Tikkun Olam

Tikkun Olam

Tikkun Olam is a Hebrew phrase that means to repair the world.  It has also been translated to mean to heal the world.  It is a responsibility that every Jew is to participate in as part of living their faith.   Unitarian Universalists also call upon its members to do their part to repair the world.  We sometimes call our activities social action or social justice, or social outreach.  There may be other names that we call this when a congregation decides to do something together as a congregation to help better the world in which we live.  

What I see as necessary for the church when doing social justice work is to be fully engaged.  It is to be offering opportunities where members can engage the work fully with their whole beings.  I see lots of congregations where their main outreach effort is to knit hats and gloves for the homeless.  This is a very good thing to do, but it is only one piece of doing social justice work. Providing knit hats does not do much to change the status of the homeless.  They remain homeless.  A tad warmer perhaps on those blustery winter days but they remain without shelter. Knitting hats is step one. There is more that a congregation can do to make a difference in the lives of the homeless.  There are other ways in which to engage the congregation.

But what if the real purpose for being involved in social justice work is to have the lives of the members of the congregation transformed through the living of their values on behalf of helping someone else achieve justice.  I recently read an article from the good folks at The Alban Institute.  The article is “What is the Mission of “Missions” by Dan Hotchkiss.   He writes that many churches and synagogues “have found it fruitful to reframe their social mission from ‘We serve the needy,’ to ‘We transform our members into Christian disciples who live lives of service.’ It is a small but important shift. Some existing outreach ministries continue without change. But the criteria for initiating, evaluating, staffing, and funding social ministry change quite a bit. For instance, if our main goal is to change our members’ lives, we will not be satisfied to write a check from the church treasury. We would prefer to send some of our people along with it so they can engage in the kind of service that may change their lives.”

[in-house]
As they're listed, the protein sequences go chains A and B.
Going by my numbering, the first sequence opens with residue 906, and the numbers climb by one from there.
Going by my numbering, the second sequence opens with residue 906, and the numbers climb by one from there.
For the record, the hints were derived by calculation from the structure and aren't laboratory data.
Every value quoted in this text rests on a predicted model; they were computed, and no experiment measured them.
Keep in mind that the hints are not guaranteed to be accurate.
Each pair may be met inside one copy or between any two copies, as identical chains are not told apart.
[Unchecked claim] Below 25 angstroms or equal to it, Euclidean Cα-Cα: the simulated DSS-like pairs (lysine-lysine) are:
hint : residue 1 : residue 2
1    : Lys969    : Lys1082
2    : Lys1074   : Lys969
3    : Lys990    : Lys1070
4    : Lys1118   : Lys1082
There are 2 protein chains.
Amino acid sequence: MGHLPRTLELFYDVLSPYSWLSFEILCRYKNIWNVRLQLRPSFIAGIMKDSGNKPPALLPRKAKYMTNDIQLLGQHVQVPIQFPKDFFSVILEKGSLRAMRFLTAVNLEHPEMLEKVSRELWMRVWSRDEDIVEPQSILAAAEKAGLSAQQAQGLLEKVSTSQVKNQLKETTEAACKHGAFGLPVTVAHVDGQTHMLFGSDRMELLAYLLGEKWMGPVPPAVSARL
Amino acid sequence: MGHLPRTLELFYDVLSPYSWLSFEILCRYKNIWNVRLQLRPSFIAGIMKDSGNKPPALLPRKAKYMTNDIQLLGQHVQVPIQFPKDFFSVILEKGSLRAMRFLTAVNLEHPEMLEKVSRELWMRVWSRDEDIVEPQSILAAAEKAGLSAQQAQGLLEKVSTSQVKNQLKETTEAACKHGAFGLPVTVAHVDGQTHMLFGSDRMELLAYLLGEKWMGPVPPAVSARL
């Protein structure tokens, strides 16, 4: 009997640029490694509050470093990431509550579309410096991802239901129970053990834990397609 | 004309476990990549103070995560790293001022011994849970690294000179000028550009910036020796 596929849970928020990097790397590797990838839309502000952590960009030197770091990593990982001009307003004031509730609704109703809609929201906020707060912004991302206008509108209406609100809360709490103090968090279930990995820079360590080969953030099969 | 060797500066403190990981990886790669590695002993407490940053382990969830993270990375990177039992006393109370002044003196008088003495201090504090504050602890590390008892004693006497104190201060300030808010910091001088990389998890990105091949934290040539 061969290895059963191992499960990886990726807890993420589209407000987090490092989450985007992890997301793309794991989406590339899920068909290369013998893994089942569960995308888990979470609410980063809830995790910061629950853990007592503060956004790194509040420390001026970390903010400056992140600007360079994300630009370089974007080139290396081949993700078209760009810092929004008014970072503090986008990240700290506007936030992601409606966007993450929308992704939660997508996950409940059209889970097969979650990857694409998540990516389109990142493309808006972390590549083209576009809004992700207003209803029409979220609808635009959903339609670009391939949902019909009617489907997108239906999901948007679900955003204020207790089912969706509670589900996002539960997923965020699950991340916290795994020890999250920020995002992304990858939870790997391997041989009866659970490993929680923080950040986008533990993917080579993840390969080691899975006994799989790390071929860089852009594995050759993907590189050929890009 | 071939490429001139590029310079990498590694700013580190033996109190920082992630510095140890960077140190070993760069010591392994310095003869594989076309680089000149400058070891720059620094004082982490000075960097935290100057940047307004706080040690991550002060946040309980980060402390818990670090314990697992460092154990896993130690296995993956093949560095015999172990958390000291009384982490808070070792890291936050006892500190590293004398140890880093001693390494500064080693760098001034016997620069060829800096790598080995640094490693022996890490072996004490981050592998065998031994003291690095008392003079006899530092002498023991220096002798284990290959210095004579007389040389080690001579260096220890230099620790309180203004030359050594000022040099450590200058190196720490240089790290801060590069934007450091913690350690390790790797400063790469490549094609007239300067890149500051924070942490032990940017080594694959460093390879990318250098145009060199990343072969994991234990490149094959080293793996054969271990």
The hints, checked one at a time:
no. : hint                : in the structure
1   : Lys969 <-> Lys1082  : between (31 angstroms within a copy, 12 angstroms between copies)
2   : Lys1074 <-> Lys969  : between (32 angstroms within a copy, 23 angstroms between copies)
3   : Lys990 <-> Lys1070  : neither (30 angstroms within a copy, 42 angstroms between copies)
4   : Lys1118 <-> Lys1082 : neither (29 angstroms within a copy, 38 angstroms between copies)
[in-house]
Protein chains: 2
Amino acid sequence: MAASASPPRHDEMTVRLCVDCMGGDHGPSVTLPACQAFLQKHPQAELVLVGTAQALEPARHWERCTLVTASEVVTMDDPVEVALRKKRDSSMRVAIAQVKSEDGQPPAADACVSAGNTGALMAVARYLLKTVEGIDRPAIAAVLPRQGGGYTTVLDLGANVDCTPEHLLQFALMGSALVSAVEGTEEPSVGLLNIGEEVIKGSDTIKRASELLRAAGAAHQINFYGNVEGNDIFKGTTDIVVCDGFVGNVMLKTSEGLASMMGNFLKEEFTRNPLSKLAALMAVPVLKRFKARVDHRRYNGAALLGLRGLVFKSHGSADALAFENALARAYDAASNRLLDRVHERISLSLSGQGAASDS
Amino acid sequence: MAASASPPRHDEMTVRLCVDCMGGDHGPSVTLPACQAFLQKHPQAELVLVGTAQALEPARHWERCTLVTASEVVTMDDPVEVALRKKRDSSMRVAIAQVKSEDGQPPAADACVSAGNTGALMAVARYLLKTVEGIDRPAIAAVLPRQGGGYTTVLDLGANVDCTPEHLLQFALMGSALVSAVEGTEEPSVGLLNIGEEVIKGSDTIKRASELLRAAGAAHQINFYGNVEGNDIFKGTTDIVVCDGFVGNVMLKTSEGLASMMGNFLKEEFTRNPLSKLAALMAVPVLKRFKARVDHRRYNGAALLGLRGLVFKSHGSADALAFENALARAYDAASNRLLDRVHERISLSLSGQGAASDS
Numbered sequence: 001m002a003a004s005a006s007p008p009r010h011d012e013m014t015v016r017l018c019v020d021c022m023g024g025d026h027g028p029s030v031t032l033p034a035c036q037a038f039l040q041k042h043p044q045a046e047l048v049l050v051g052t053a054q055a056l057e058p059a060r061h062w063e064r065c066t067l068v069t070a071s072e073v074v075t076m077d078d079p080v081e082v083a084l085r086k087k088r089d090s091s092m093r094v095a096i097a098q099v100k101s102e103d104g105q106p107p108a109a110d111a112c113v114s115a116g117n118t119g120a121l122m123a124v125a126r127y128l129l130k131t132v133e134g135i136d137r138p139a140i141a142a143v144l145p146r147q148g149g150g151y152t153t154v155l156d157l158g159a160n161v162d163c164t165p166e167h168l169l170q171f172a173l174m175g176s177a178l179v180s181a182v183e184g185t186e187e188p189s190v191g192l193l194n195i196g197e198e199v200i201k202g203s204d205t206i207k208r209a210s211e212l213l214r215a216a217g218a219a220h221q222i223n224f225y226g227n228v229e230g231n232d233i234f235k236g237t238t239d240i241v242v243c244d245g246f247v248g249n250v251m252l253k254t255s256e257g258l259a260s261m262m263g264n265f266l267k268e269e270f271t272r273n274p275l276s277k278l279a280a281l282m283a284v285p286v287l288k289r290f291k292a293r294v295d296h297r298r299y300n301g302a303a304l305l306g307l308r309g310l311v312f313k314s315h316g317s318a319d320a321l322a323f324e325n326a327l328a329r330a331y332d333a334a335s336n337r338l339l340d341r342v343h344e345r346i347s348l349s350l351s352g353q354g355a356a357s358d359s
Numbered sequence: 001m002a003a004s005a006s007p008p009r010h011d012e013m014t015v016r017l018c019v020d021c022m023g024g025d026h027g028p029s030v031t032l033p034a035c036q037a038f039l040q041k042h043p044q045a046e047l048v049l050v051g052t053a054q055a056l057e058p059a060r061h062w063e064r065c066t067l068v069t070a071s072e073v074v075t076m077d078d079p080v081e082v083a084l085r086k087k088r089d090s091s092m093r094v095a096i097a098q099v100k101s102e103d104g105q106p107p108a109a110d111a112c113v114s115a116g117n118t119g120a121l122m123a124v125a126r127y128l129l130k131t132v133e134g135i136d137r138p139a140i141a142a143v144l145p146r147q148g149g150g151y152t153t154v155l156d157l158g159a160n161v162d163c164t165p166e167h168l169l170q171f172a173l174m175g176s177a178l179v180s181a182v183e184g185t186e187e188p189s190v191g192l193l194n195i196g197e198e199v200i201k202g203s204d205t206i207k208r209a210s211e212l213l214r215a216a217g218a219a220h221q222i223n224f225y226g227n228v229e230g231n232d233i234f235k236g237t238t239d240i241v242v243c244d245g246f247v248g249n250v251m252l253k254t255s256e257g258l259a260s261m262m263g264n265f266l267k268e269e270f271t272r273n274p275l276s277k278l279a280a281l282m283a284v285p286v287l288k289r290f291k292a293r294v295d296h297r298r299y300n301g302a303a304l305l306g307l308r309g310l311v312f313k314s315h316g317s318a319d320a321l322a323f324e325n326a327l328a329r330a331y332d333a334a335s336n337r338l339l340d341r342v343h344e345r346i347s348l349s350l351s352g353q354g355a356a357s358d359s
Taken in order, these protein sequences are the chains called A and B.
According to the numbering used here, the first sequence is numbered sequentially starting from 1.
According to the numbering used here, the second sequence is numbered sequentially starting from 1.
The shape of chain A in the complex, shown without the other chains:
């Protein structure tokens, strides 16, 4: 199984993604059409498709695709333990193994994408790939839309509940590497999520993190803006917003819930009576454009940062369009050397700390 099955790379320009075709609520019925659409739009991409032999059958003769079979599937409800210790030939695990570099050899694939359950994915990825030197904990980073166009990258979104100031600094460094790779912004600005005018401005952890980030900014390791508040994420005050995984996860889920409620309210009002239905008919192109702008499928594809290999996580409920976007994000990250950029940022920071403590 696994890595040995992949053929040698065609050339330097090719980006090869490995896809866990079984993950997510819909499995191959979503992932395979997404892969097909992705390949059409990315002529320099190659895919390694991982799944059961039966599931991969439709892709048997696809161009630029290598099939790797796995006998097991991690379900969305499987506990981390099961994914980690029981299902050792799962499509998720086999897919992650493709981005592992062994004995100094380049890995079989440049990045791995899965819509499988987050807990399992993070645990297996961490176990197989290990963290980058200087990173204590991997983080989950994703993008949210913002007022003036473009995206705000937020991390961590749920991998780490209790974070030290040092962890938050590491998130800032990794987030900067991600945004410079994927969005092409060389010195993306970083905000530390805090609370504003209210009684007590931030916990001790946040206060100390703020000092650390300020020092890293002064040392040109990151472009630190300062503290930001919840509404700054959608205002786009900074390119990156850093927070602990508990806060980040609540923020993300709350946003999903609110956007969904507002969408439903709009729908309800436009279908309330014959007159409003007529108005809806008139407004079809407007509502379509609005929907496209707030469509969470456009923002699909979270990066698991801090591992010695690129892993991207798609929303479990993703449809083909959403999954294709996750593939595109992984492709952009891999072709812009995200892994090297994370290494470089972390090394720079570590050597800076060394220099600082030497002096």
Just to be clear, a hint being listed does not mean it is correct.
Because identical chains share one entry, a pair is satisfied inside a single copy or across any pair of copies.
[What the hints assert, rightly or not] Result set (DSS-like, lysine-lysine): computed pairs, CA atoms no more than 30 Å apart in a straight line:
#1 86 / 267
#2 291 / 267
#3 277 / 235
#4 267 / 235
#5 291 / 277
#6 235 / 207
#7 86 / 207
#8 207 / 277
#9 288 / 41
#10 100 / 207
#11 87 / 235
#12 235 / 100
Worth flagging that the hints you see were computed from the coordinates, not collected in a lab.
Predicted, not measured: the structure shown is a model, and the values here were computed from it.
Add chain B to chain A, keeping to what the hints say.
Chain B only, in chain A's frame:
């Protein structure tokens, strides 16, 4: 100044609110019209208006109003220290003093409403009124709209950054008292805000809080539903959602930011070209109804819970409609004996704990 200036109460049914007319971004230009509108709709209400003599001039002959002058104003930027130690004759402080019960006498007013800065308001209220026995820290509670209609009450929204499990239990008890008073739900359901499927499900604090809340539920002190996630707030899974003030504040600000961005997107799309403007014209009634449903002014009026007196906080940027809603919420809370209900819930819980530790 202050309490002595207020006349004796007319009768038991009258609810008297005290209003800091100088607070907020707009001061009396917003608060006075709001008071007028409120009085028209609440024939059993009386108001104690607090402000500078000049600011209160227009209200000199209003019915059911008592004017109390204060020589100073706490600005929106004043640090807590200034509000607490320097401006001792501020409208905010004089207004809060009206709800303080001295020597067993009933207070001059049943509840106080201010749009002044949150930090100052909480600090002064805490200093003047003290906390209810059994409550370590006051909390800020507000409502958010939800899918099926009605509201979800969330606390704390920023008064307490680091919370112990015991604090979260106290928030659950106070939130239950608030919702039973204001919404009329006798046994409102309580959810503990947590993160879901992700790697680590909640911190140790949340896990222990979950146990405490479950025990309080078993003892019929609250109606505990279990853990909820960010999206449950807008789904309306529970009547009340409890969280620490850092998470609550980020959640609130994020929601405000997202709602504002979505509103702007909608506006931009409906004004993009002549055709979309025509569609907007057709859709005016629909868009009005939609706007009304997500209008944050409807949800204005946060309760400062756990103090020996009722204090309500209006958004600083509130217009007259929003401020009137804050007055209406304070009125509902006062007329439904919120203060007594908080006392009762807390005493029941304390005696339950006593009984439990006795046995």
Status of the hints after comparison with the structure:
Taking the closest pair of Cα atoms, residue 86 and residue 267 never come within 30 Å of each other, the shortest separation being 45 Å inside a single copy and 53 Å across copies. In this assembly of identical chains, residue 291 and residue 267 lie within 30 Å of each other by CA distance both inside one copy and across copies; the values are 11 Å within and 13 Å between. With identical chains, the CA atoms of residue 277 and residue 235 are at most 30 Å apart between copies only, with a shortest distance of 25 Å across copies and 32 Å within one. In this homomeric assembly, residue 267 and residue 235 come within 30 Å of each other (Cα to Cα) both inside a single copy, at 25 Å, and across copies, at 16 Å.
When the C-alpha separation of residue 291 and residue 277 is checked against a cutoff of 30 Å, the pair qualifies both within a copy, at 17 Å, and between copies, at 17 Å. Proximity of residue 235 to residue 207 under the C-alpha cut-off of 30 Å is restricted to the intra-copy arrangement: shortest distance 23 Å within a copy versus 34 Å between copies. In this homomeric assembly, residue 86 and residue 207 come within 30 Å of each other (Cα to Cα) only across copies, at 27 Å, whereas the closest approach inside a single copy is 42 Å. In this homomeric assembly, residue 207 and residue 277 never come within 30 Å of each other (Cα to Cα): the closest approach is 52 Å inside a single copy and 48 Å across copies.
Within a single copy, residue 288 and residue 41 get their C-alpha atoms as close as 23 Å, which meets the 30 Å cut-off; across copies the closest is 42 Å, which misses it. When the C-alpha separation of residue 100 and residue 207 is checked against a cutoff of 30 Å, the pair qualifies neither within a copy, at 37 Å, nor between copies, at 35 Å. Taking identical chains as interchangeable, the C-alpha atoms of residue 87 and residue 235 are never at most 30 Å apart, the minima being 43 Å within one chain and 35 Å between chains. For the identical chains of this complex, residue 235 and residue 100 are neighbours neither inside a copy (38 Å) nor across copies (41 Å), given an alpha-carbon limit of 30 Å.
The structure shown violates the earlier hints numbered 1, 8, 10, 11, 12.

Living our values in the volunteer work that we do is an important aspect of being Unitarian Universalist.  Some may only be able to knit hats, but others can add to the provision of hats with making relationships with the homeless by volunteering at the soup kitchen or assisting to staff the shelter.  Still others can add their talents to building Habitat for Humanity homes or building interfaith coalitions to work on developing transitional housing opportunities or affordable housing complexes.  Together, each of these aspects of social justice work begin to change the landscape of the community in which we live for the better.  Together the stories of doing all these actions can and should be shared with one another to weave awareness of the tapestry of efforts being done that the whole congregation can point to and reflect on together when discussing their congregational values.

Gandhi is oft quoted for saying, “Be the change you want to see in the world.”  Tikkun Olam begins with our being the healing we want to see in the world.  Blessings.

Published in: on May 28, 2008 at 2:32 pm  Comments Off on Tikkun Olam  
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